Boeing believed at the time that it would be able to complete work on the first plane in its Everett factory and have it flying by the end of March. It is the first of six that will be needed for the flight test program before the 787 can be certified by regulators to carry passengers.

The story rings true enough; the 787 is a new aircraft, being assembled a new way.

The 787 represents a new way of building airplanes for Boeing, which turned over most of the manufacturing and assembly work to key partners in Italy, Japan and elsewhere in the United States.

But those partners were unable to complete a significant amount of work before the unfinished sections of the first of six test-flight planes arrived in Everett for final assembly. Boeing has struggled to catch up on all this “travel” work.

Typical complexity issues, perfectly understandable, if disappointing.

[Please click the link below for the complete article — but then please come on back!]

Boeing explains new 787 delay

It will take a more adept macroeconomist than yr (justifiably) humble svt (not a very high bar to scale either) to tell us the effect of this delivery delay on the economy. Exports are an important piece of the economic pie, and Boeing a critical element of that slice.

Boeing sneezes, and we all should start looking around for our Nyquil.

2. Okay, it’s a recession. Which candidate makes the most sense?

There’s a presidential election campaign going on, you may have noticed.

NYTimes’ Paul Krugman, one of our favorite economic analysts, takes a look at their positions. Voters are getting nervous; tell us you know how to make us feel better:

nytimes

Responding to Recession

By Paul Krugman | Published: January 14, 2008

Suddenly, the economic consensus seems to be that the implosion of the housing market will indeed push the U.S. economy into a recession, and that it’s quite possible that we’re already in one. As a result, over the next few weeks we’ll be hearing a lot about plans for economic stimulus.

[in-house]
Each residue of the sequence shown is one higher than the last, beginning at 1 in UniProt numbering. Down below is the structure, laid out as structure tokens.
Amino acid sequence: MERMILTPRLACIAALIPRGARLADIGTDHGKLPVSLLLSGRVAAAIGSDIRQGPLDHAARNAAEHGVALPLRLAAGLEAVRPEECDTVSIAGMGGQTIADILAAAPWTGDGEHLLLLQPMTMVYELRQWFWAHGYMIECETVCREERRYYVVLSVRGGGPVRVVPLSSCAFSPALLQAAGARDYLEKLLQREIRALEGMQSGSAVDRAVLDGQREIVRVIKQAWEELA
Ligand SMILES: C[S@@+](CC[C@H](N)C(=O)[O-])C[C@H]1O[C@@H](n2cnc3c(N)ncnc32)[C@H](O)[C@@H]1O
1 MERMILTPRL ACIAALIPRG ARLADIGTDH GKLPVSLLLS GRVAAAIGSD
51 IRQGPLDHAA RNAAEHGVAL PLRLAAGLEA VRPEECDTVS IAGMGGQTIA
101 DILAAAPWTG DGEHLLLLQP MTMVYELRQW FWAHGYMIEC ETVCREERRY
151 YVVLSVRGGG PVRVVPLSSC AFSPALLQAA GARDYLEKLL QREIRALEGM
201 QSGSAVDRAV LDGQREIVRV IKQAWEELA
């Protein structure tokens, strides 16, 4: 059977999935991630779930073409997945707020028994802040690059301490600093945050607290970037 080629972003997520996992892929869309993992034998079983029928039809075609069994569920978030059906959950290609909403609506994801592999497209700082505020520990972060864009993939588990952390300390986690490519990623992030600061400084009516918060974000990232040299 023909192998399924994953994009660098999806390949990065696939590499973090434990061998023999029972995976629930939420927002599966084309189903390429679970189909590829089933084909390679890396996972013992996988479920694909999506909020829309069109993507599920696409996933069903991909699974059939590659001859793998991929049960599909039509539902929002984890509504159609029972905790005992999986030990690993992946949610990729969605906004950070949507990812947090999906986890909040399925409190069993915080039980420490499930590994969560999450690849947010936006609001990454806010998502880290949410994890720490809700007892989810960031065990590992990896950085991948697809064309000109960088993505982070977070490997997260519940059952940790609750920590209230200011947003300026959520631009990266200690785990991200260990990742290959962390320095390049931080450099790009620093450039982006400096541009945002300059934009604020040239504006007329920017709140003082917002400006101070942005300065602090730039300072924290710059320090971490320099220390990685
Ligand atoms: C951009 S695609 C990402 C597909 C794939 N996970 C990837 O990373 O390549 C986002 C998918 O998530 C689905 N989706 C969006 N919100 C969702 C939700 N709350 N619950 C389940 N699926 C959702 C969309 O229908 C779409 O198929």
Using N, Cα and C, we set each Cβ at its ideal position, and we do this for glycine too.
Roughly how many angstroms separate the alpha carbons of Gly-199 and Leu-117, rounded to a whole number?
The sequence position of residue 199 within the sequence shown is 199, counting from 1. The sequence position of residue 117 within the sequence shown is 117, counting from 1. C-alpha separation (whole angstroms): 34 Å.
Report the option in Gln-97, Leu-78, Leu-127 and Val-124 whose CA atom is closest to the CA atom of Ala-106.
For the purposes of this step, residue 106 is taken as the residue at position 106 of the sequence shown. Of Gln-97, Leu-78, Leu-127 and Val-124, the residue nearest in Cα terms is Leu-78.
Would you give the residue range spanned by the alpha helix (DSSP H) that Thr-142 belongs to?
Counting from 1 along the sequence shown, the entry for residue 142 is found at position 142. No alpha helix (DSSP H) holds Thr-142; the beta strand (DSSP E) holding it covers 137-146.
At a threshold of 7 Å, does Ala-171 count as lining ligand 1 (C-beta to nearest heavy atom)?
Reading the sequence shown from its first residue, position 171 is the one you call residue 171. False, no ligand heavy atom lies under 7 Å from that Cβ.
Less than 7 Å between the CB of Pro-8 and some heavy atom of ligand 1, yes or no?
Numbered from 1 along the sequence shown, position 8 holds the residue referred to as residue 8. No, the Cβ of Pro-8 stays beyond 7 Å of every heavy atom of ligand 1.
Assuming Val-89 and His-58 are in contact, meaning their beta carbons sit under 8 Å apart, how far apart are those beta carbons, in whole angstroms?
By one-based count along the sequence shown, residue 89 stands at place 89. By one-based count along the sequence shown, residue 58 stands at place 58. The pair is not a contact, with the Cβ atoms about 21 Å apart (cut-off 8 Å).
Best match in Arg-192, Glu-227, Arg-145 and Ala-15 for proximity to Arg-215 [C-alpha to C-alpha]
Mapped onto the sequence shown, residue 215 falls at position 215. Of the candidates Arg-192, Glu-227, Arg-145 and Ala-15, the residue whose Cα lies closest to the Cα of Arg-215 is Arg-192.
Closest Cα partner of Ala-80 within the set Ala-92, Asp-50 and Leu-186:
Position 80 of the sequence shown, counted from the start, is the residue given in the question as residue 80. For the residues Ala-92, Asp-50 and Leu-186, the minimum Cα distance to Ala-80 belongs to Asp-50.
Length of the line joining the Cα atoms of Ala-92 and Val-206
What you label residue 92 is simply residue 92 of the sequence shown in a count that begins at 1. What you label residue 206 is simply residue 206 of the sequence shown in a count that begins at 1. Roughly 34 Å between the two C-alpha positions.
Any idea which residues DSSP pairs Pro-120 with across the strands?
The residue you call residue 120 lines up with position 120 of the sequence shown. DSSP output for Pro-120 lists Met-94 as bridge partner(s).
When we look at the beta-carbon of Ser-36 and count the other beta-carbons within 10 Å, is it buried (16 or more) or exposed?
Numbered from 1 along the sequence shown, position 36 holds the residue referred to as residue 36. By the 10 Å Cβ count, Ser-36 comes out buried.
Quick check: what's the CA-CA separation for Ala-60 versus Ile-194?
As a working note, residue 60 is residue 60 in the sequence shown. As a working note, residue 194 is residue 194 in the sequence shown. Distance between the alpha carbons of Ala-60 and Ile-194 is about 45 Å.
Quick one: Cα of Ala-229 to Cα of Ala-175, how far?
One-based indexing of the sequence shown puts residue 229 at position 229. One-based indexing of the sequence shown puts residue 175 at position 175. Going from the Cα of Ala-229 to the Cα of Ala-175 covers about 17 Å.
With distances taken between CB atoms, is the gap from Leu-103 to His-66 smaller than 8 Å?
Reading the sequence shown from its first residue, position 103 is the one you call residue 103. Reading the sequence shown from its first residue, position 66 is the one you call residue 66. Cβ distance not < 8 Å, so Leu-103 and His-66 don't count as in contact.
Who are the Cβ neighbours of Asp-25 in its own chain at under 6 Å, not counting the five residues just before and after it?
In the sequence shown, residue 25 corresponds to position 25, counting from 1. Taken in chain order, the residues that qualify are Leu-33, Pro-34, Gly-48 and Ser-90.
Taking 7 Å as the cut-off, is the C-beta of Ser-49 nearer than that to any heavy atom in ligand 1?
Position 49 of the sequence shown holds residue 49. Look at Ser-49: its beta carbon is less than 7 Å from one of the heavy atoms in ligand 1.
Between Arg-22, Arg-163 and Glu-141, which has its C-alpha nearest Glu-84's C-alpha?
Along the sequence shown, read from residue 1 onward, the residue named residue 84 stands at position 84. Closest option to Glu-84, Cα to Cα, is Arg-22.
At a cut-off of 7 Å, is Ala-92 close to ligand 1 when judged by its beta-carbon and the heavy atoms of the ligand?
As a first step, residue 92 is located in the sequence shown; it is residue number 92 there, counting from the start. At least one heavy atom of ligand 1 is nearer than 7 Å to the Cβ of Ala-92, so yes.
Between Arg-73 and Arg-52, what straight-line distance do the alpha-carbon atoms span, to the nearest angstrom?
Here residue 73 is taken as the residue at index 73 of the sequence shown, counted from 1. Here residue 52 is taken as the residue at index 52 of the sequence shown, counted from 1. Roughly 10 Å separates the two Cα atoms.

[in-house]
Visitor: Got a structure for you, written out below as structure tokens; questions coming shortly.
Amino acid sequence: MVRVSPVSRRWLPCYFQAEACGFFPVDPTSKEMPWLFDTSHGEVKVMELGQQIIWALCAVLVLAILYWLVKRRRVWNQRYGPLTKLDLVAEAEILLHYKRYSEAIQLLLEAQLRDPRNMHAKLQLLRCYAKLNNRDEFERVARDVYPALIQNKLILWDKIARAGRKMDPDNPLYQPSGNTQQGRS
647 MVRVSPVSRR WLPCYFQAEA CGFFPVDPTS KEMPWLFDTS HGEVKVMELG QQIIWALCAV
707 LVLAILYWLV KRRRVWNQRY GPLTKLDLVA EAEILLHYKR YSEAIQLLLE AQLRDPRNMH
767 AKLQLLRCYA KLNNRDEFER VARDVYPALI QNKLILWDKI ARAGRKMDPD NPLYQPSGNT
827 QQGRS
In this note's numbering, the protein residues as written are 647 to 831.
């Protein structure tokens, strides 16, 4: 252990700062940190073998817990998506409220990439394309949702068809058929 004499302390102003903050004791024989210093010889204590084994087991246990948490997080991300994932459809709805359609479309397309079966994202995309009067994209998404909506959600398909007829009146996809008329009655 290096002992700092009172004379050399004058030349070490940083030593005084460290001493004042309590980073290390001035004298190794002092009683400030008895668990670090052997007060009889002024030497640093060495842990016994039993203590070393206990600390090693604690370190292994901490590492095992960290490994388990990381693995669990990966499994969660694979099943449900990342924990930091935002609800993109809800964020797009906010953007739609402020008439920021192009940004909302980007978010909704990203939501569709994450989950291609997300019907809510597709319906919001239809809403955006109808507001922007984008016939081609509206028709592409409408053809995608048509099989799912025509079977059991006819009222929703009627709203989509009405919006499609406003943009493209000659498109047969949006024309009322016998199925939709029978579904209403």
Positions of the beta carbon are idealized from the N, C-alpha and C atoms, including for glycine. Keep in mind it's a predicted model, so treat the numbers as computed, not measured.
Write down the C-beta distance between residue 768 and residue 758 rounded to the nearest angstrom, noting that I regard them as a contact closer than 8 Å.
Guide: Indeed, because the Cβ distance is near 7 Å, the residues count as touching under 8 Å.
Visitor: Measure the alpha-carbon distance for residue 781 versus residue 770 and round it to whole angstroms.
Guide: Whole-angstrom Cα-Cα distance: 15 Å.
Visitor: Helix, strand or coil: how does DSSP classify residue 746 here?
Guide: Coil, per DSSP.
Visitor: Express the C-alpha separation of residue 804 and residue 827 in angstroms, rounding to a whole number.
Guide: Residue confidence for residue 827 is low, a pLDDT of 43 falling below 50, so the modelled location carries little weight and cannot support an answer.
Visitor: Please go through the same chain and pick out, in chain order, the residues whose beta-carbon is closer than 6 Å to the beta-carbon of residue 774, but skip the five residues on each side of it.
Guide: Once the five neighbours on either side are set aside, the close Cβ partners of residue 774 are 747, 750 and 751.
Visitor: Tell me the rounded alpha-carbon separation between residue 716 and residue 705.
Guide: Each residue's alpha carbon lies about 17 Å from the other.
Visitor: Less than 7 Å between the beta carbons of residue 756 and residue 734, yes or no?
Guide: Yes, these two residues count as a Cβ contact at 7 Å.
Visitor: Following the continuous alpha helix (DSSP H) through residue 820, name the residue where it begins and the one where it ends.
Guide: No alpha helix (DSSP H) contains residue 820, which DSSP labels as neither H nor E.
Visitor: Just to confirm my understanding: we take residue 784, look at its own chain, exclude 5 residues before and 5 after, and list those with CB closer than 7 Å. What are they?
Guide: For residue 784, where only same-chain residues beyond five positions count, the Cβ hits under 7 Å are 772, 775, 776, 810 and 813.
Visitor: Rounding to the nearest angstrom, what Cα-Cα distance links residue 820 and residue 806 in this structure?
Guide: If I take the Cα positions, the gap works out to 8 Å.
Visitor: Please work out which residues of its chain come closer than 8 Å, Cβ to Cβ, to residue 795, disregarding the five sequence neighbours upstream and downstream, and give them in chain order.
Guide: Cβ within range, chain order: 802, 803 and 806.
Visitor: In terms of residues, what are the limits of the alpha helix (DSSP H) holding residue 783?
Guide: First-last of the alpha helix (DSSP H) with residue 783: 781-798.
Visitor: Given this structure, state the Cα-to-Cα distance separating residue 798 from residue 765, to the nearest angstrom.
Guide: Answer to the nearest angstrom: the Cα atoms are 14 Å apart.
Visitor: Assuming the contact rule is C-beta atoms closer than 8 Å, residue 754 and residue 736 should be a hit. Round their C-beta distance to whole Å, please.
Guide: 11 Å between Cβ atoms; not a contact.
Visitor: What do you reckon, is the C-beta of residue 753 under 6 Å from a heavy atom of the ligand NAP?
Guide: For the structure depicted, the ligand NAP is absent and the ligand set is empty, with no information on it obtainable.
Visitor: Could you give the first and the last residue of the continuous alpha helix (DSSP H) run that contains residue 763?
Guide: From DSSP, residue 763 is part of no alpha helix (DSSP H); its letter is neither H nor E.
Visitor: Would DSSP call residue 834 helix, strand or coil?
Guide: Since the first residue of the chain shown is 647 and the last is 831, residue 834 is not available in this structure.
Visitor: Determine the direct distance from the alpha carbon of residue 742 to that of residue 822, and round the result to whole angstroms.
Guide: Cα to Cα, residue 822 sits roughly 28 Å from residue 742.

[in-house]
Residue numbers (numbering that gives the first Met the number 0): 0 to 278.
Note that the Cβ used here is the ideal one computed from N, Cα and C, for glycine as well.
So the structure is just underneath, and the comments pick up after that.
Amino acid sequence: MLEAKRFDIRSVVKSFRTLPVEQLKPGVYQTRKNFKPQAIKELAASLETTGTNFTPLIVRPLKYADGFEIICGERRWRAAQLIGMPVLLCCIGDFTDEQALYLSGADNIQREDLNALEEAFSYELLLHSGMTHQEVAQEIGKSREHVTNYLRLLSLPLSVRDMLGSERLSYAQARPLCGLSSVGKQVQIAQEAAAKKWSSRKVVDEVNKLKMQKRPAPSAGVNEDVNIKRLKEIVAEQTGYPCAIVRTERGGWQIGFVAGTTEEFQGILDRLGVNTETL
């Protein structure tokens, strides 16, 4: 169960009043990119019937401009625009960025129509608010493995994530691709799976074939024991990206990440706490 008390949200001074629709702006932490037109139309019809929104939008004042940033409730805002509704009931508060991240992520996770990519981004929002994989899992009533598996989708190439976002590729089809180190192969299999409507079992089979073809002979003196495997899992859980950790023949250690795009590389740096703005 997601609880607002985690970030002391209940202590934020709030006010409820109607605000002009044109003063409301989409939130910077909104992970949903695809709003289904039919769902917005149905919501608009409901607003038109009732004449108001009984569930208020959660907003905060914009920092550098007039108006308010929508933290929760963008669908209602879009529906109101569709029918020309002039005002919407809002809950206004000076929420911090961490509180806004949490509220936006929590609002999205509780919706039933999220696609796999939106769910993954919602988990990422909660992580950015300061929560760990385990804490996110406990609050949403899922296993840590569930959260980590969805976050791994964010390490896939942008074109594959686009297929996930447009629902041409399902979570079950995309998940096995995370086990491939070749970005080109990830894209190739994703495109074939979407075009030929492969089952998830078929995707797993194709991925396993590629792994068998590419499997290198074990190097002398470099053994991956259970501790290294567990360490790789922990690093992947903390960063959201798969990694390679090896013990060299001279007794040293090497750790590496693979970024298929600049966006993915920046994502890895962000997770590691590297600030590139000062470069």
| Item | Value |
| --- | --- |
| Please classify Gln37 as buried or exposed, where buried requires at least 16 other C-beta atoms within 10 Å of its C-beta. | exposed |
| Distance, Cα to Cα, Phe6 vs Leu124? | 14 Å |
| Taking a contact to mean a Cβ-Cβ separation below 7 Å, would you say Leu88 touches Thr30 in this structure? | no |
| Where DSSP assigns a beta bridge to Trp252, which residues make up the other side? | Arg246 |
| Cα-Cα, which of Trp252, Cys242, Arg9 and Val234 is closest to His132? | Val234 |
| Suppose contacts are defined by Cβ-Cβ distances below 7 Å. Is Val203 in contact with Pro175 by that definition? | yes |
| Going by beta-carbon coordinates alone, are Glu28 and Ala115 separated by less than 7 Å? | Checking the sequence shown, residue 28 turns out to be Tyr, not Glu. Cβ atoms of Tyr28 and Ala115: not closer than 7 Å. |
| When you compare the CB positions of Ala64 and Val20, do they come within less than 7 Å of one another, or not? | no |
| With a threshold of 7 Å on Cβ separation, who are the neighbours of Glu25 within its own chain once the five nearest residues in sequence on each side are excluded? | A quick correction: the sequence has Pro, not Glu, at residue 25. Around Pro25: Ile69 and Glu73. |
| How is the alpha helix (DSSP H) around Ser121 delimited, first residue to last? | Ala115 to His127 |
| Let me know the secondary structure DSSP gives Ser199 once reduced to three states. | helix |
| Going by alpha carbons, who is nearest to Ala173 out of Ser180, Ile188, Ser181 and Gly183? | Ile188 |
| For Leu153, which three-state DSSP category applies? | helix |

Since this is an election year, the debate over how to stimulate the economy is inevitably tied up with politics. And here’s a modest suggestion for political reporters. Instead of trying to divine the candidates’ characters by scrutinizing their tone of voice and facial expressions, why not pay attention to what they say about economic policy?

In fact, recent statements by the candidates and their surrogates about the economy are quite revealing.

And he proceeds to get to the heart of each candidate’s economic sound bites.

  • McCain: ruefully admits he doesn’t know what he doesn’t know about the economy
  • Giuliani: his cure, a huge tax cut, isn’t
  • Huckabee: just wrong
  • Romney: who just might know something, won’t say anything, fearing to offend
  • Edwards: driving the agenda with a clearly designed policy
  • Clinton: following suit
  • Obama: after an awkward false start, now has a plan, although less progressive than the other leading Dems

[Please click the link below for the complete article — but then please come on back!]

Responding to Recession – New York Times

Can’t help but wonder what Michael Bloomberg thinks… Mike, Mr. self-made billionaire, what get’s us out of our funk, fast?

3. Recession: Bitter but necessary medicine?

Another of MUDGE’s favorite economists, Daniel Gross of Slate, weighs in on our looming distress, and how it could provide a wake-up call to U.S. business:

slate

The Good News About the Recession

Maybe it will finally teach Americans how to compete globally.
By Daniel Gross | Posted Wednesday, Jan. 16, 2008, at 11:53 AM ET

House for saleA sign of the housing slump

A recession may be upon us, which would mean fewer jobs, declining tax revenues, and sinking consumer confidence.

But for some (congenital Bush-bashers, the Irvine Housing Blog, critics of rampant consumerism), the parade of bad news is an occasion for schadenfreude….

(By the way, schadenfreude is defined thusly. Admit it, you always wanted to know but never bothered to look it up. Sequitur Service© at your service!)